- Slowing Down on the Path to Knowledge
Elders among the Songhay people of the Republics of Niger and Mali long ago taught me an important lesson: it takes a great deal of time to learn important things. As a young and impatient student, I asked too many questions and pushed my teachers about the deep truths of Songhay culture.
They politely refused.
They told me that my mind was too young to learn important things. They said that the mind stretches with time-in-the-world. When age and collective experience have ripened a person's mind, he or she is then ready to receive the wise truths of the ancestors. What can a young mind, they would ask rhetorically, comprehend about being a human being? Although their orientation to learning frustrated me at first, I gradually became more and more appreciative of their slow epistemology. In time, I came to understand more [End Page 393] fully the wisdom of taking a slower approach to anthropology, an approach that provides ample time for the maturation of knowledge.
When considering the corpus of Michael Jackson's anthropological work, the benefits of a slow and sustained approach to anthropology become powerfully obvious. You could suggest that Jackson practices a fast anthropology. He has, after all, published more books (poetry, ethnographies, memoirs, and collections of essays) than I can count. These books are wonderfully varied in scope and subject and are written with the precision and craft of a poet. And yet, if you follow the development of Jackson's thought, it becomes clear—at least to me—that a slow approach to the acquisition of knowledge has shaped his thinking about the human condition.
We live in complex and unstable times. There are no quick-fix answers to the political, social, and intellectual problems of the current era. Given the multiplex whys and wherefores of contemporary life, is it still possible to make sense of the human condition? What knowledge can anthropologists contribute to this ever-important question? Can anthropological wisdom chart a path that leads to a life well-lived? Can it provide us with a roadmap toward well-being in the world? In Jackson's latest books—one on reinventing philosophical anthropology and one on the power of art in shaping the contours of social life—the author explores these vexing questions with perspicacity. Indeed, these are the big questions that define human being-in-the world.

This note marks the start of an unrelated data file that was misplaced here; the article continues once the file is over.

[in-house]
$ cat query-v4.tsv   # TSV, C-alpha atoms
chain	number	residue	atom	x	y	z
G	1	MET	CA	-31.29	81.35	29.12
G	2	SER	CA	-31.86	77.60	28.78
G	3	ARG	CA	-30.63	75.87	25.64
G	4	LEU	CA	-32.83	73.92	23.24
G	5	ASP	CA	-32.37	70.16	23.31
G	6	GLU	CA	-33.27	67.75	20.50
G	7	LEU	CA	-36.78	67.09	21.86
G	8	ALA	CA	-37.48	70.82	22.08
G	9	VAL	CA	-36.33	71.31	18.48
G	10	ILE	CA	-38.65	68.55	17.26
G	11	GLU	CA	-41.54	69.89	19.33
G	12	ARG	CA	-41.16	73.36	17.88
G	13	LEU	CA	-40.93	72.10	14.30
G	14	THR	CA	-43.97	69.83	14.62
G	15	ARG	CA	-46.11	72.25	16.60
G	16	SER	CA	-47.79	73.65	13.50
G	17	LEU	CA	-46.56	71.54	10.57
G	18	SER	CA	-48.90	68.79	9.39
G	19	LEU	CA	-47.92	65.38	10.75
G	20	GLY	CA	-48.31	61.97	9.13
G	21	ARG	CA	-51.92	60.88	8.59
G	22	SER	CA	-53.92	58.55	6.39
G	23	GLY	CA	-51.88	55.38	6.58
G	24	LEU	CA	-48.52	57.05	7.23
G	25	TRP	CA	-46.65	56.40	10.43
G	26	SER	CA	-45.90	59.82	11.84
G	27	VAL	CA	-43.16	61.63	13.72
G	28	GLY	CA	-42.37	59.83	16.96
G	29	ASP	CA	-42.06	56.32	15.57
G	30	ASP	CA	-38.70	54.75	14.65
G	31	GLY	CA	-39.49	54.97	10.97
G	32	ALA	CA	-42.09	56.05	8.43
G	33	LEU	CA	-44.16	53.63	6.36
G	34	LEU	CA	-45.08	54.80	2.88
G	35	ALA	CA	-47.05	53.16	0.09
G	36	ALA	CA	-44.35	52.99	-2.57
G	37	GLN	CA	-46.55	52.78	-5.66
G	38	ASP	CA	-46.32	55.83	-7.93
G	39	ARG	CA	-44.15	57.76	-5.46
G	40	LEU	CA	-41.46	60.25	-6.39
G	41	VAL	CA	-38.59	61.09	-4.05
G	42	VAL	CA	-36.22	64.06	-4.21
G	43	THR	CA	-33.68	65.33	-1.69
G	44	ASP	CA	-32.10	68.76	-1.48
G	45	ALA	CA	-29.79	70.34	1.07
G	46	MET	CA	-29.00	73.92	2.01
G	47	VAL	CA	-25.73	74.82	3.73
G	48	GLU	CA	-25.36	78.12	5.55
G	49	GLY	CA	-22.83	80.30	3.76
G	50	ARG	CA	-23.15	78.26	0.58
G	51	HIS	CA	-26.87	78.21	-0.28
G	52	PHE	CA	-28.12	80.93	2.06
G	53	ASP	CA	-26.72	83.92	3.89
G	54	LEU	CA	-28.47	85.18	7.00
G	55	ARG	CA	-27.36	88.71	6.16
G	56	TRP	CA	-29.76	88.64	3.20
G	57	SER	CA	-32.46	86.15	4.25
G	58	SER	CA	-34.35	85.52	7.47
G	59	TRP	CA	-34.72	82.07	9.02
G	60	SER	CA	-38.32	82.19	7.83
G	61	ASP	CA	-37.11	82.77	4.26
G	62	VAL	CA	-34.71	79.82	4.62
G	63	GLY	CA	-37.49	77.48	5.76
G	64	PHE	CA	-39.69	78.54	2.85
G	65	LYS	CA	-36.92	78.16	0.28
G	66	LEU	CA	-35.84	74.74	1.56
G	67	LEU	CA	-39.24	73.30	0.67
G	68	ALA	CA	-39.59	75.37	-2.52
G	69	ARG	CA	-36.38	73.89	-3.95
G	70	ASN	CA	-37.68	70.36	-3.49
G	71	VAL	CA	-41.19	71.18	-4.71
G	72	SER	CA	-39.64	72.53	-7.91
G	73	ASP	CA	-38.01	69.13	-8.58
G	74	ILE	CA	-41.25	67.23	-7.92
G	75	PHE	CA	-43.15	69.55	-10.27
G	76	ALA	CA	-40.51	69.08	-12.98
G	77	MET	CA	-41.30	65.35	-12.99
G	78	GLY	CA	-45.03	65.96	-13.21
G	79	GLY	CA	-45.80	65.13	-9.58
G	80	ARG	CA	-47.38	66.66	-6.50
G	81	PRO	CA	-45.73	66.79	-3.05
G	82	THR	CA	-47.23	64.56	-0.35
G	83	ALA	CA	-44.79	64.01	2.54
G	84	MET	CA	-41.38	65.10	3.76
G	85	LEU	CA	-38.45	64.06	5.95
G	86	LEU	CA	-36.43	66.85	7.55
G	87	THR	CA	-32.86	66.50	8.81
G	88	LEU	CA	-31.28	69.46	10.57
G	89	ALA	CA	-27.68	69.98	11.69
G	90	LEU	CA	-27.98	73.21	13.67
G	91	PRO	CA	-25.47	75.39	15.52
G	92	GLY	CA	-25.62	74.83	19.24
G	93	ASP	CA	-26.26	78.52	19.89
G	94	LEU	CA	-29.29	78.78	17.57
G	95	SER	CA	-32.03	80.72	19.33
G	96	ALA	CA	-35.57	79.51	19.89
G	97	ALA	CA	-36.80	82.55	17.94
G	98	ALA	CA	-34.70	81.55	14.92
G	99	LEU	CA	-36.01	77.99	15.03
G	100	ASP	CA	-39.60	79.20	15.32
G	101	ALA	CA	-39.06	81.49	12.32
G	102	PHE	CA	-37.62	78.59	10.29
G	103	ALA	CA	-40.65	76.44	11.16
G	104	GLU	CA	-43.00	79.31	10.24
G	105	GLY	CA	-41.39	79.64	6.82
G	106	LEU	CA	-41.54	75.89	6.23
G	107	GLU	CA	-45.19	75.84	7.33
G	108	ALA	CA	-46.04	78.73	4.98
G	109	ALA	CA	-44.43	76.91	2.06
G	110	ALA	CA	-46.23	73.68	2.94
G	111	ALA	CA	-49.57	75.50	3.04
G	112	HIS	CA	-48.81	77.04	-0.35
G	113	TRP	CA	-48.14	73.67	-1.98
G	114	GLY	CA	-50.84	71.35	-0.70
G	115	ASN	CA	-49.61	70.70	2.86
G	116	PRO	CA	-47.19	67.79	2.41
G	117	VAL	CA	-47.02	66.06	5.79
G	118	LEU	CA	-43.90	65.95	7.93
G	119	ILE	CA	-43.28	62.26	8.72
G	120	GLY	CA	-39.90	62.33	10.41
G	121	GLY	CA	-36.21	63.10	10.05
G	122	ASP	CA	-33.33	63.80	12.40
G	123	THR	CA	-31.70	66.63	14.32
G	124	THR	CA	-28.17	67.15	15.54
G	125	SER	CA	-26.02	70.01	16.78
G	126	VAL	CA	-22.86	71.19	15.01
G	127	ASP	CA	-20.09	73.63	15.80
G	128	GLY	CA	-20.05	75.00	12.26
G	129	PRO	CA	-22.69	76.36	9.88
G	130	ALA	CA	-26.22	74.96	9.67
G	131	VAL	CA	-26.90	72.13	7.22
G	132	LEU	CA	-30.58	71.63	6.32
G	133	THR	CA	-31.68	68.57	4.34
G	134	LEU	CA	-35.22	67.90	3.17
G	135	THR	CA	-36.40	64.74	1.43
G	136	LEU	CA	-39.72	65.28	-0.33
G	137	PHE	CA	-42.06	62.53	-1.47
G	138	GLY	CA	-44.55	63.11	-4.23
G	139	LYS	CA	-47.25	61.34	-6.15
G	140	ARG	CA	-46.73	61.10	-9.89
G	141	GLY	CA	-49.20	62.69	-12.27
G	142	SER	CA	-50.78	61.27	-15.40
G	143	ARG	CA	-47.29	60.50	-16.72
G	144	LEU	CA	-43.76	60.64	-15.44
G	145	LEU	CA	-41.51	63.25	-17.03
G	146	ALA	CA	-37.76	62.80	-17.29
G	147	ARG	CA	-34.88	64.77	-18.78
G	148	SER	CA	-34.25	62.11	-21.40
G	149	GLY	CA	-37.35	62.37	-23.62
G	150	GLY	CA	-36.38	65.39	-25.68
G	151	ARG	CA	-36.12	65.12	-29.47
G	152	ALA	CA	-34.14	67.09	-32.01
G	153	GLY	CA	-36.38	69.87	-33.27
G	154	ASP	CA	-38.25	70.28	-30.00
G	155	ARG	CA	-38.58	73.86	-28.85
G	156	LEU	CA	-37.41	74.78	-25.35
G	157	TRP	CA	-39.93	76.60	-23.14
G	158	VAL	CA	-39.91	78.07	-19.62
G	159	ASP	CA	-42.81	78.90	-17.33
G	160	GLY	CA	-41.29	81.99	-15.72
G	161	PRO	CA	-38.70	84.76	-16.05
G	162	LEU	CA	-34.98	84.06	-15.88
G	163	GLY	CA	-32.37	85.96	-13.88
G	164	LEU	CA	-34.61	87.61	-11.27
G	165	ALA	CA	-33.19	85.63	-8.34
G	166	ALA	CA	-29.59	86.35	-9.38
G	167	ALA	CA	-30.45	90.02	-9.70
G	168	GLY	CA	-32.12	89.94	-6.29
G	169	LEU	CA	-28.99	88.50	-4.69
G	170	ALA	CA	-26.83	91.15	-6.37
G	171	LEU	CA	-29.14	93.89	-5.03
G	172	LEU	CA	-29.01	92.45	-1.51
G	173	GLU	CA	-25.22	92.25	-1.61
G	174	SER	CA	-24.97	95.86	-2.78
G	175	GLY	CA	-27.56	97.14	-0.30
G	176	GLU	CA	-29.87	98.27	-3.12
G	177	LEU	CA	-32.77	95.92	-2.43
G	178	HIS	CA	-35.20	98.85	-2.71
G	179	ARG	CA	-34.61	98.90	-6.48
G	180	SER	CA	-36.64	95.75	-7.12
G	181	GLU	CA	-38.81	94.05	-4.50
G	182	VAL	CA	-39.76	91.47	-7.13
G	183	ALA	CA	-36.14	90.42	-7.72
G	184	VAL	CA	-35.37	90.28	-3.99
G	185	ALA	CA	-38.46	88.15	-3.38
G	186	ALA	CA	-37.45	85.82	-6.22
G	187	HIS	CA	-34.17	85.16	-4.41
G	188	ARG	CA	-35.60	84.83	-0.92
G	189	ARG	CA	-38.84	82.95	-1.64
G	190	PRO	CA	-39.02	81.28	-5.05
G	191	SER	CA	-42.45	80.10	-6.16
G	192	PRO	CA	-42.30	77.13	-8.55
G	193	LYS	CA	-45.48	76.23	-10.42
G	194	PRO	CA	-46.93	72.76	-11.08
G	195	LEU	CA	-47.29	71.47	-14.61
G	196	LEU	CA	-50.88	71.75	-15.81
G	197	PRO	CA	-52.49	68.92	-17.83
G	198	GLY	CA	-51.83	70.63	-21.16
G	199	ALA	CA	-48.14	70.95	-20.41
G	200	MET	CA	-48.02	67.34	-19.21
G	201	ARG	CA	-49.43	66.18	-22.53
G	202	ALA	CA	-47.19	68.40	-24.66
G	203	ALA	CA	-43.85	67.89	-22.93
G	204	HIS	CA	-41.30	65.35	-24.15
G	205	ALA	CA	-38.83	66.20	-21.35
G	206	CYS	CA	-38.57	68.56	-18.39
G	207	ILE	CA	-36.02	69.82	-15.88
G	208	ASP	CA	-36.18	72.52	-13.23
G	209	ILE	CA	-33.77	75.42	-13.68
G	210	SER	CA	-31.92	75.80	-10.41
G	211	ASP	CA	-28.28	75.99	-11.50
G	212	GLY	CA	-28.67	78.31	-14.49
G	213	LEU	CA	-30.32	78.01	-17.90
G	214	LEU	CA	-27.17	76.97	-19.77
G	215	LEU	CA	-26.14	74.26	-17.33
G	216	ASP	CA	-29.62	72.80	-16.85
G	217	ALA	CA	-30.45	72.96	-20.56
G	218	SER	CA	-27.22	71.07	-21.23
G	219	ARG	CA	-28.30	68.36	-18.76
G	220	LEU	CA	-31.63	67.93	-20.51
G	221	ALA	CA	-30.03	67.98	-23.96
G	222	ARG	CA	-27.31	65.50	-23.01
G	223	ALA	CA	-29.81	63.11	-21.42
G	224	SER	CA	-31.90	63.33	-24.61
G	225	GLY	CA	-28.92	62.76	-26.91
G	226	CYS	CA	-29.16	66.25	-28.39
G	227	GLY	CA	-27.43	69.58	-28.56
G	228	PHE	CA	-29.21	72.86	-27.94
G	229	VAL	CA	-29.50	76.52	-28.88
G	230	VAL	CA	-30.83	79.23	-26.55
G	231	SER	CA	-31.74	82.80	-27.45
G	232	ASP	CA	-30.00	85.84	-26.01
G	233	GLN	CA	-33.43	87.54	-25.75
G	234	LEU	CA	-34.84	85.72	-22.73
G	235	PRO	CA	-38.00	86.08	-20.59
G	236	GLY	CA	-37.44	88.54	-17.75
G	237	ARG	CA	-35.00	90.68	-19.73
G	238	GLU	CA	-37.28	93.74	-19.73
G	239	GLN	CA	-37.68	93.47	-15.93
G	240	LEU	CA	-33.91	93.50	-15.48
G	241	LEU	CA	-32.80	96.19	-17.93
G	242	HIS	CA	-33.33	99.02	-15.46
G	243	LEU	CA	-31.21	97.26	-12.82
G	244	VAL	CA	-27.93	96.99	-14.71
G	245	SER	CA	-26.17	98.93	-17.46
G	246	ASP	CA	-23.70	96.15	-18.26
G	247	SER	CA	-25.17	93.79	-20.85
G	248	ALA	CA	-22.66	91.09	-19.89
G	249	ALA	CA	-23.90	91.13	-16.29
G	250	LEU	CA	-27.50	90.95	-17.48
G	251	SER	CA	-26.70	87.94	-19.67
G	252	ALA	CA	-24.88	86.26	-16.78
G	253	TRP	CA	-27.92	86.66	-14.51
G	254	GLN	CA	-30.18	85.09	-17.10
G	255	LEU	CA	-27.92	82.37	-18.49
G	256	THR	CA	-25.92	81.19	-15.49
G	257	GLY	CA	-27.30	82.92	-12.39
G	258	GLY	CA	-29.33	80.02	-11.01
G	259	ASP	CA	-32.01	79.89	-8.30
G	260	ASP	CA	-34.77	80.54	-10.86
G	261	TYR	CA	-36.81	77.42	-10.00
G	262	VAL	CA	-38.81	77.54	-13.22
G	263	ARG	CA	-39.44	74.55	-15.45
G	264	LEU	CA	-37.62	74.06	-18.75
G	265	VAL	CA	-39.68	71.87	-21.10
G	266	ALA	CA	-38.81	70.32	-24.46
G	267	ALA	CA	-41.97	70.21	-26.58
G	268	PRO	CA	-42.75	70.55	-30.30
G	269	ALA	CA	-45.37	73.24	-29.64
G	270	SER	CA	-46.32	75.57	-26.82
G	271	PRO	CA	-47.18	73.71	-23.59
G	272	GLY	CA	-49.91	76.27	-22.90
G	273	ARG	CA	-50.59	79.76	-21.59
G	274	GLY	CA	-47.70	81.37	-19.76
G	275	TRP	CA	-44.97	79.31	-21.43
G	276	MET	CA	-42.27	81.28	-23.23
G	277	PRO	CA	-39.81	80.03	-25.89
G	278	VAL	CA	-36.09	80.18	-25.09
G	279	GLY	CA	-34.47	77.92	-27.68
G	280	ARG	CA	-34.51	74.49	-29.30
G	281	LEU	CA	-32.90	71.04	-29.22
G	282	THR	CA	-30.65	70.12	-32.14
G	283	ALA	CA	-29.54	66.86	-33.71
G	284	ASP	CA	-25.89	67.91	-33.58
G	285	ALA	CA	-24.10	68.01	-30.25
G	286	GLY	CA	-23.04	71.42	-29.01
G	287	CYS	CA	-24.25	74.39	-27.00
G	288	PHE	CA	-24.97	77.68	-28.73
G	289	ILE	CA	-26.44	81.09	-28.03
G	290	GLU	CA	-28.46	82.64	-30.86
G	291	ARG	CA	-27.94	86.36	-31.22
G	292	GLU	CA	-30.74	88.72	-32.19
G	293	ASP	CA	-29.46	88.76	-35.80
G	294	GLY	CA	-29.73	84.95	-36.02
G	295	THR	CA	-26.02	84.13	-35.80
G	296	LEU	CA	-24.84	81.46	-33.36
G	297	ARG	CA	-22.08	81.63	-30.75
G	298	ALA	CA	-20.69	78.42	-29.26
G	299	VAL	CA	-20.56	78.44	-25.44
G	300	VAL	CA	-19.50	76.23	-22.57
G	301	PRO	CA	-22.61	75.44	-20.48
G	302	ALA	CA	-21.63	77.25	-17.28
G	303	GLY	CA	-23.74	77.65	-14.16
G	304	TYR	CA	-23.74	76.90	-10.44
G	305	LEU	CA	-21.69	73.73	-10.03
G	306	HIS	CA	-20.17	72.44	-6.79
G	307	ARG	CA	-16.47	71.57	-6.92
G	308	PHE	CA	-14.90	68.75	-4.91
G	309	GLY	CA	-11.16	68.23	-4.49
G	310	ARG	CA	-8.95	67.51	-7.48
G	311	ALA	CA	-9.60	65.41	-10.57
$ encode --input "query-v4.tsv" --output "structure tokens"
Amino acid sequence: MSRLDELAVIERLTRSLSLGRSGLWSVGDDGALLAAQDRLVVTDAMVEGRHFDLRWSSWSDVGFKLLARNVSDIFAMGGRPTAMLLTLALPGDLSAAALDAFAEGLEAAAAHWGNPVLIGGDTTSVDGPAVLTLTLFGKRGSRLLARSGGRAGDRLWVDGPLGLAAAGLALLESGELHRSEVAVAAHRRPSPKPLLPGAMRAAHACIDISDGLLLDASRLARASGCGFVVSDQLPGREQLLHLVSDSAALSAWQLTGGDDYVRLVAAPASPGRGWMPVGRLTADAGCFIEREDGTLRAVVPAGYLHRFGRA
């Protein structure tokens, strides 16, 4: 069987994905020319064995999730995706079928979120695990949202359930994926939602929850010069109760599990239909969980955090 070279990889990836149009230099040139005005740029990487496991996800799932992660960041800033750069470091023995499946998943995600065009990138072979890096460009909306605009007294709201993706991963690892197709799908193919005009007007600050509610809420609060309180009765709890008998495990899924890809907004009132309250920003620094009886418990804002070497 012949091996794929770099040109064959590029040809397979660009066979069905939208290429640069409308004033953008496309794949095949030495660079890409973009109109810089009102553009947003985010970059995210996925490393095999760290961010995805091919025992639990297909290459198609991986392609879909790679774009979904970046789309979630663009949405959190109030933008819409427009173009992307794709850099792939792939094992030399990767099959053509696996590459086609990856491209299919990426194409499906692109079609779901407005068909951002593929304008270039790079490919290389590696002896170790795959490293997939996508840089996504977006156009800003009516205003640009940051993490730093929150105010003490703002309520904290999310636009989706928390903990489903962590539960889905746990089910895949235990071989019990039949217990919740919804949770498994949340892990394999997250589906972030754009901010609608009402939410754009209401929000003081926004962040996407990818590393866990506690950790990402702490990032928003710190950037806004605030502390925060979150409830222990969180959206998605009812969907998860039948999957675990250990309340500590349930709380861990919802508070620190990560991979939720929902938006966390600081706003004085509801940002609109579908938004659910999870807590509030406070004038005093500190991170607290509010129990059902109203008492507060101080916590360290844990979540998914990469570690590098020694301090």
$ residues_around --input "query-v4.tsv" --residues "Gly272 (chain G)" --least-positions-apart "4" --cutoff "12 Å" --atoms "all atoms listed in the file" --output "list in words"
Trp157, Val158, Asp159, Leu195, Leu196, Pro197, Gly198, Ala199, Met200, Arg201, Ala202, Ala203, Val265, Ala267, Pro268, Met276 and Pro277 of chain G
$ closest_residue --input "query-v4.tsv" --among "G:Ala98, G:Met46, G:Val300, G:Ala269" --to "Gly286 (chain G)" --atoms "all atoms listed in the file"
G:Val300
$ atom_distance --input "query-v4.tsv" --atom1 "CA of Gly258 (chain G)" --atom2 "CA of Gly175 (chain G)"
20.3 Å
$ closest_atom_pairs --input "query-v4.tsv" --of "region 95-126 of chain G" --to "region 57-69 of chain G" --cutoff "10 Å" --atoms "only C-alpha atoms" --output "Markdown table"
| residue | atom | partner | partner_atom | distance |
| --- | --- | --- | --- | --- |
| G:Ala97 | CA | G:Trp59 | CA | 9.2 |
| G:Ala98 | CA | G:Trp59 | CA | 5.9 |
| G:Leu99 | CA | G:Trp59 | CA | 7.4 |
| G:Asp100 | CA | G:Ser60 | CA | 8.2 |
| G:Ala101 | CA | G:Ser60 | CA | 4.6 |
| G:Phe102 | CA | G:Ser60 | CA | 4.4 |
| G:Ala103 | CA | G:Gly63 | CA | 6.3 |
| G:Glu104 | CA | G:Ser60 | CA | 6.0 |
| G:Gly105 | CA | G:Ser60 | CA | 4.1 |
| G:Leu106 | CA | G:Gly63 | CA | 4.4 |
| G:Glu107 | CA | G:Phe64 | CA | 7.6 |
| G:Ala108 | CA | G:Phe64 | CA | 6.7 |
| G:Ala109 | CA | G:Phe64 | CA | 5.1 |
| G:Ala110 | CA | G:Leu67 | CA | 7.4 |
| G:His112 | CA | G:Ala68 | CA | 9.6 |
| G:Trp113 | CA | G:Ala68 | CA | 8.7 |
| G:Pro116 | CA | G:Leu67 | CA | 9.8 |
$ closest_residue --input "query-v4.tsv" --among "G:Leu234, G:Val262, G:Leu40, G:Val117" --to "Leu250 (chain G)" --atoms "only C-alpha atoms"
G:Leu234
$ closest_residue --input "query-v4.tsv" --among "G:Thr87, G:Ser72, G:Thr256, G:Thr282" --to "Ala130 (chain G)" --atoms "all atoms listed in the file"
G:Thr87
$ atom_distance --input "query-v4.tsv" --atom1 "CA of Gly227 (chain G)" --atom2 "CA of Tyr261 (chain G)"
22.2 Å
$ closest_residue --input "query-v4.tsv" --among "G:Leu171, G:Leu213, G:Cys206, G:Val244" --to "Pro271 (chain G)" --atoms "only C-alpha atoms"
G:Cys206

In As Wide as the World is Wise, Jackson elegantly explores the spaces between things—murky spaces in which human beings are always already, to borrow from Jacques Derrida, situated. These are spaces that escape brute categorization. They are spaces that are defiantly non-concrete. For his epigraph, Jackson quotes Jacques Derrida.
The logocentrism of Greek metaphysics will always be haunted…by the "absolutely other" to the extent that the Logos can never englobe everything. There is always something which escapes, something different, something other and opaque which refuses to be totalized into a homogeneous identity.(Derrida 1984:117) [End Page 394]
In this wonderfully crafted work, Jackson is our guide to those existential spaces that are different and opaque. After more than 40 years of fieldwork in West Africa and Australia, after a lifetime of reading, reflection, and writing about living-in-the-world, Jackson has produced a work that describes how his experience directed him to follow the sinuous, nontotalizing path between things—between the one and the many, between identity and difference, between ourselves and others, between the personal and the professional, between belief and experience, between being and thought, between fate and freewill, between center and periphery. As Wide as the World is Wise, then, is a book that explores the imaginative spaces between anthropology and philosophy.
This work is rich, deep, and textured. It showcases Jackson's erudition and his skill as a writer. Given the limitations of space, I cannot dive...